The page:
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Progressive Rock CD Reviews

Kate Bush

Lionheart

Review by Gary Hill

Kate Bush’s second release, this showed hints of some of the powerful music that would show up in her catalog down the road. It’s a strong disc, but not every track is great. Still, there are enough highlights to make it worthwhile. I already reviewed the song “Wow” on my look at The Whole Story. For the sake of consistency that review is copied from there.


This review is available in book format (hardcover and paperback) in Music Street Journal: 2009  Volume 4 at lulu.com/strangesound.

Track by Track Review
Symphony In Blue

This comes in with a mellow kind of pop meets folk approach. The vocals are incredibly high pitched. They are really in stratosphere. This is a fun sort of tune, but not the meatiest thing here. I'm not really all that enamored with it. It's not bad. I just doesn't really grab me. There are some hints of jazz here that are cool.

In Search Of Peter Pan
Bush’s vocals are waiflike here, but not quite as astral as on the previous one. The music here is gentler in a lot of ways and this really reminds me a lot of Renaissance. It’s a pretty cut that has some great textures and sounds throughout.
Wow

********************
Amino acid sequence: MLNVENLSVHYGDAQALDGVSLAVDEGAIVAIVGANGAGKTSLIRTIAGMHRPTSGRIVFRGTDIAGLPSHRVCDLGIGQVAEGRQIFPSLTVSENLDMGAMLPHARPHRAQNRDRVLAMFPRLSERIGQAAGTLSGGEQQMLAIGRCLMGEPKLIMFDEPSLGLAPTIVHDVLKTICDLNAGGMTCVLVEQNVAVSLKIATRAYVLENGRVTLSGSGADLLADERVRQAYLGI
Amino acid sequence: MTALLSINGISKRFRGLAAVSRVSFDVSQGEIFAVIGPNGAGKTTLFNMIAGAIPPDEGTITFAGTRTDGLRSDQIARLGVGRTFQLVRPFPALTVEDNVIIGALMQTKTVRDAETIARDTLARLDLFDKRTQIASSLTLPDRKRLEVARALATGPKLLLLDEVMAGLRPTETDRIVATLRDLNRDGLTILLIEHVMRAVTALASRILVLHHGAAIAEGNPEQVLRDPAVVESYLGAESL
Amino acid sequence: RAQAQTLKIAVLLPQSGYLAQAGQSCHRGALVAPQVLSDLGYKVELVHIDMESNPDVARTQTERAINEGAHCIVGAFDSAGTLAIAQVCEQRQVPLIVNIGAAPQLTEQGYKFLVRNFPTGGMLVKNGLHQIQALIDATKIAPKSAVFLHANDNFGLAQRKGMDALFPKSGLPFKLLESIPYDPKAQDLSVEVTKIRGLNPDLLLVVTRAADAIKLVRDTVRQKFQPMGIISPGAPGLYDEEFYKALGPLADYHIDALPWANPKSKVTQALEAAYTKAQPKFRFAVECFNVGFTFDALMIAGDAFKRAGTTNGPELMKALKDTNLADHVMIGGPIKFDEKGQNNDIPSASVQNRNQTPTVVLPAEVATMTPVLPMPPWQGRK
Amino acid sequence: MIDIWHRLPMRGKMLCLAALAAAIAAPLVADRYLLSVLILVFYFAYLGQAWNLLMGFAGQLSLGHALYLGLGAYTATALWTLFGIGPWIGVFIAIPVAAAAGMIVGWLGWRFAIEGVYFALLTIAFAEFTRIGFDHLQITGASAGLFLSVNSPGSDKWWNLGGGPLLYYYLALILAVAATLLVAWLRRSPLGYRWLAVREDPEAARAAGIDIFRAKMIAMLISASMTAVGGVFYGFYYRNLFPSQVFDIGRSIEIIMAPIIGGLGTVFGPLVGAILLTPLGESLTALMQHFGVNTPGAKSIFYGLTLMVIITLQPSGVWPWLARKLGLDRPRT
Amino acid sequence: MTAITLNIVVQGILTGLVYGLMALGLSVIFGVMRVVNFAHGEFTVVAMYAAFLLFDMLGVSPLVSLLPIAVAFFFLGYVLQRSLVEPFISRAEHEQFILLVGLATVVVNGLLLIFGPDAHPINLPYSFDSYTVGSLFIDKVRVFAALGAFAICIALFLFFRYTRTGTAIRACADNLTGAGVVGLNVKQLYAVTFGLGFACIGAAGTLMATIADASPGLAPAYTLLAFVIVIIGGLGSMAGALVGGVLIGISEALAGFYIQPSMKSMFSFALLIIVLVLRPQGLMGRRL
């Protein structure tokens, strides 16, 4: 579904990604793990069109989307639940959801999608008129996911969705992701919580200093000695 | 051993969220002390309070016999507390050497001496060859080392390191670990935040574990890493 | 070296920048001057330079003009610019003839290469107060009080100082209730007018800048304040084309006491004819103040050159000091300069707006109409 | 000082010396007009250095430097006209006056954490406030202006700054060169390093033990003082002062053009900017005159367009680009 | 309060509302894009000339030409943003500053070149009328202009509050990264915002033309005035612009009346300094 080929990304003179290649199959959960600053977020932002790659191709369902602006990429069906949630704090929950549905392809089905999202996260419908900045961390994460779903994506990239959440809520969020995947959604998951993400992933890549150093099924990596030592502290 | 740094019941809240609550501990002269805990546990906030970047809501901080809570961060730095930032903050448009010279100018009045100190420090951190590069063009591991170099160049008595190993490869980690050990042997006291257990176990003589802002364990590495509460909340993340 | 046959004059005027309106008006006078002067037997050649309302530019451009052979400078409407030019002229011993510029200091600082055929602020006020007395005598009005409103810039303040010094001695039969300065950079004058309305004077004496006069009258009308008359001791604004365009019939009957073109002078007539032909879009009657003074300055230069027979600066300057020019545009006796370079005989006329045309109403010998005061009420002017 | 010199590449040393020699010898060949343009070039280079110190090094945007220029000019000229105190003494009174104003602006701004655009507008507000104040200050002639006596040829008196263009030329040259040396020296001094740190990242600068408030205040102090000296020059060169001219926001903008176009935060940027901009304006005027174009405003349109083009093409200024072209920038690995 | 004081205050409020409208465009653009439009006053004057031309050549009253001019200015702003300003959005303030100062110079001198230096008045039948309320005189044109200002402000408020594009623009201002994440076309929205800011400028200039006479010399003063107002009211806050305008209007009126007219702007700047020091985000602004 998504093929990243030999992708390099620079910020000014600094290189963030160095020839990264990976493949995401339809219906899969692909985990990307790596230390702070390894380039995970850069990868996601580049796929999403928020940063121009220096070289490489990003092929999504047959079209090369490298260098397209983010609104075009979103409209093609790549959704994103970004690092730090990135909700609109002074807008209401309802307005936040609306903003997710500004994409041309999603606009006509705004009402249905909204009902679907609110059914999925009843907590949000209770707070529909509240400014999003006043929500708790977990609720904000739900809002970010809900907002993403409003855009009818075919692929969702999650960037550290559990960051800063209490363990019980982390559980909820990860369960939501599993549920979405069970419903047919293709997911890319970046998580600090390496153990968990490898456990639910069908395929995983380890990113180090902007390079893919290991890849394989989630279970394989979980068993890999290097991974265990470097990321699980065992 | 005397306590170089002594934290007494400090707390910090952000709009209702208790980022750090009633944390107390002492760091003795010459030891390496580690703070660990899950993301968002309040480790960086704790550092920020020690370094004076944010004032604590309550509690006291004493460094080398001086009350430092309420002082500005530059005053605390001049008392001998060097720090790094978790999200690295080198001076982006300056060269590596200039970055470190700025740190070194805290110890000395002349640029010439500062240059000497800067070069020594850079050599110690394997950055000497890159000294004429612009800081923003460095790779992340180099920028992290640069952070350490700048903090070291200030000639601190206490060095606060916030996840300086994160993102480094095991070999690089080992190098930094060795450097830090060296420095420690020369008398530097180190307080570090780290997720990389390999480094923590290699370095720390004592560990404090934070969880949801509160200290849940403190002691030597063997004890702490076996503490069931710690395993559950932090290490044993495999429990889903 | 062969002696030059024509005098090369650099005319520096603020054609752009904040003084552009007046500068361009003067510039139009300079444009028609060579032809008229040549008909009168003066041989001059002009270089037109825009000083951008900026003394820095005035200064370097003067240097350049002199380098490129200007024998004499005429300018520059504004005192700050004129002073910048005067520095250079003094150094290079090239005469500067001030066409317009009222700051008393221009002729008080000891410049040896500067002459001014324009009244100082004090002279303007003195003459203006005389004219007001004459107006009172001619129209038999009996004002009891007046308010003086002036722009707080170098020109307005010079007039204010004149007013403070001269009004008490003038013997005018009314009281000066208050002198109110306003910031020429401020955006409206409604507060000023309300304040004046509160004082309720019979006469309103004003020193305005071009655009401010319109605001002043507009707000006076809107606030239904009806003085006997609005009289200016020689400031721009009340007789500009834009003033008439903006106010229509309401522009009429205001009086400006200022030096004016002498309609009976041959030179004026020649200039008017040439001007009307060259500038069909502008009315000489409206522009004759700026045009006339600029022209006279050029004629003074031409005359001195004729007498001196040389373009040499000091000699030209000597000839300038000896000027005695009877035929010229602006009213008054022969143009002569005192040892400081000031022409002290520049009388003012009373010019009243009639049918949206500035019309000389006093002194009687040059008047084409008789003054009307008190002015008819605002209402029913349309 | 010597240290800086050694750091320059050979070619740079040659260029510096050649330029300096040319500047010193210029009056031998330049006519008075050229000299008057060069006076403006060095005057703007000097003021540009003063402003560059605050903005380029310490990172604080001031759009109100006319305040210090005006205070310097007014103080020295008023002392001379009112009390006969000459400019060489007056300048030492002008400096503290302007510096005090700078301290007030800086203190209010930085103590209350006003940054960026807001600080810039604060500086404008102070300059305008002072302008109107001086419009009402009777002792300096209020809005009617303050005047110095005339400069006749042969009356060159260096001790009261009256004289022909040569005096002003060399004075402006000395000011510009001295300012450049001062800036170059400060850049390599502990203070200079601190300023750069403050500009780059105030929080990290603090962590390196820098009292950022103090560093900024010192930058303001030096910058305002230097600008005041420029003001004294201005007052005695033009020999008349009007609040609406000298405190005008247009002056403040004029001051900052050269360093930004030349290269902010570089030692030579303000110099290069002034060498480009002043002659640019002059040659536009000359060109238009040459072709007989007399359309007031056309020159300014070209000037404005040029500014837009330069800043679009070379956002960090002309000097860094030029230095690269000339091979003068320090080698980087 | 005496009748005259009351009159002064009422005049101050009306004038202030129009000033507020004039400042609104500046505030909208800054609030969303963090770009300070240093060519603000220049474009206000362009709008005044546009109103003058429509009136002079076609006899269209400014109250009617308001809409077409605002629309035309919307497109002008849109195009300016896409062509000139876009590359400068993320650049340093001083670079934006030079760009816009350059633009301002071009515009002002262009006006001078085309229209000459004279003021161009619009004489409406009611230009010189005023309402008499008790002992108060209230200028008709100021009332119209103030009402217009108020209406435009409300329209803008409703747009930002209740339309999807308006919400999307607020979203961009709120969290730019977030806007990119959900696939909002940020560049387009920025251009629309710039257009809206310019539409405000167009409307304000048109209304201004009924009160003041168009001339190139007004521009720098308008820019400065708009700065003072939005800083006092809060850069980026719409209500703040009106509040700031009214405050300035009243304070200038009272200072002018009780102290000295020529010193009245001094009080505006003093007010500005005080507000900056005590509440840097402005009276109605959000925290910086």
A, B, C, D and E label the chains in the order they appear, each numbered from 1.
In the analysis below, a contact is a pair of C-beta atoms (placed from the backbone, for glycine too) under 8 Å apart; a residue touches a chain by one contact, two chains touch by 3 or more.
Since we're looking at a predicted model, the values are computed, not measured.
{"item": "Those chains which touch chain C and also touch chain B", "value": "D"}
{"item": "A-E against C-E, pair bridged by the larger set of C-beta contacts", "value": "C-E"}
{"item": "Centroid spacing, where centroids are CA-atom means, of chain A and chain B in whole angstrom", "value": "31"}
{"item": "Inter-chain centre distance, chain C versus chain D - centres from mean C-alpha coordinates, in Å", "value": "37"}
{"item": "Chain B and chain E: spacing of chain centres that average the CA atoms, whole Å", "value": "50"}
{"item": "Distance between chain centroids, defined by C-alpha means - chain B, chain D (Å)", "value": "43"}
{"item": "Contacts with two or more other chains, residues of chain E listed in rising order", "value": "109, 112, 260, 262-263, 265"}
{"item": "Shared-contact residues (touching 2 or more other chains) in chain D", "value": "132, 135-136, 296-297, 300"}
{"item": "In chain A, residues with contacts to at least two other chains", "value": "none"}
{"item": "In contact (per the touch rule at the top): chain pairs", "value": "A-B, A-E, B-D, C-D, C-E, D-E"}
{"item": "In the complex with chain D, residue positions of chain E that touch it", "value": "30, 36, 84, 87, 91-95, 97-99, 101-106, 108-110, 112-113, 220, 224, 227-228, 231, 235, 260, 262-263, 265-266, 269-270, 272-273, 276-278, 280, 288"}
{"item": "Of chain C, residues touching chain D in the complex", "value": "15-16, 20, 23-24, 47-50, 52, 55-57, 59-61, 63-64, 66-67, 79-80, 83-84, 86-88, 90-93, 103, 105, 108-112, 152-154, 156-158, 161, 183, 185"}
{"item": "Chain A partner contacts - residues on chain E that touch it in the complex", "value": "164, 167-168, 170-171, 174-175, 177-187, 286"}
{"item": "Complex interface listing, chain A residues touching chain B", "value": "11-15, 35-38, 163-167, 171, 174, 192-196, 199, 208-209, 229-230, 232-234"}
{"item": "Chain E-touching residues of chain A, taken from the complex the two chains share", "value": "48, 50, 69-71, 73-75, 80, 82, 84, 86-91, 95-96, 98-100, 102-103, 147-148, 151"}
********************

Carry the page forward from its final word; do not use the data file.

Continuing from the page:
Combine the more playful side of Kate Bush’s music with a rather Beatles-like symphonic nature and then throw in some of that theatric element and you’ll have a good idea of what this song is like. We get a bit of “When You Wish Upon A Star” at the end. 
Don't Push Your Foot On The Heartbrake
I really like this track a lot. It’s one of the more purely prog rock cuts and there are some sections that are purely magical. I can hear some hints of the sounds that would come into Bush’s music further down the road. There are a number of changes and alterations and overall this is a highlight of the disc. 
Oh England My Lionheart
Here we have a much more folky – mind you that’s piano based folk – not acoustic guitar. It’s mellower and ballad-like. It’s also a tasty track. 
Full House
A more full progressive rock arrangement makes up this one. It rocks out more than a lot of the stuff here and is a tasty piece of music. I’d chalk this up as one of the highlights of the set. 
In The Warm Room
The arrangement on this is strictly piano and vocal. It’s rather jazzy, but I wouldn’t call it a ballad. That said, it is rather mellow. 
Kashka From Baghdad
The piano drives a lot of this one. That said, I love the rubbery bass line we hear at points. This is a fairly mellow cut that wanders into jazzy territory here and there. It’s pretty and poignant and another highlight of the set. 
Coffee Homeground
Quite playful and theatrical, this is almost more performance art than prog rock from my way of looking at it. It’s an interesting track, and rather fun – and even a little Beatlesesque at times. It just doesn’t do a lot for me. 
Hammer Horror
Bouncy and fun, this is sort of like a more pure prog rock take on the types of sounds and textures we heard in the last number. It’s a cool rocker and a highlight of the set. It’s a great way to close things out in style.
 
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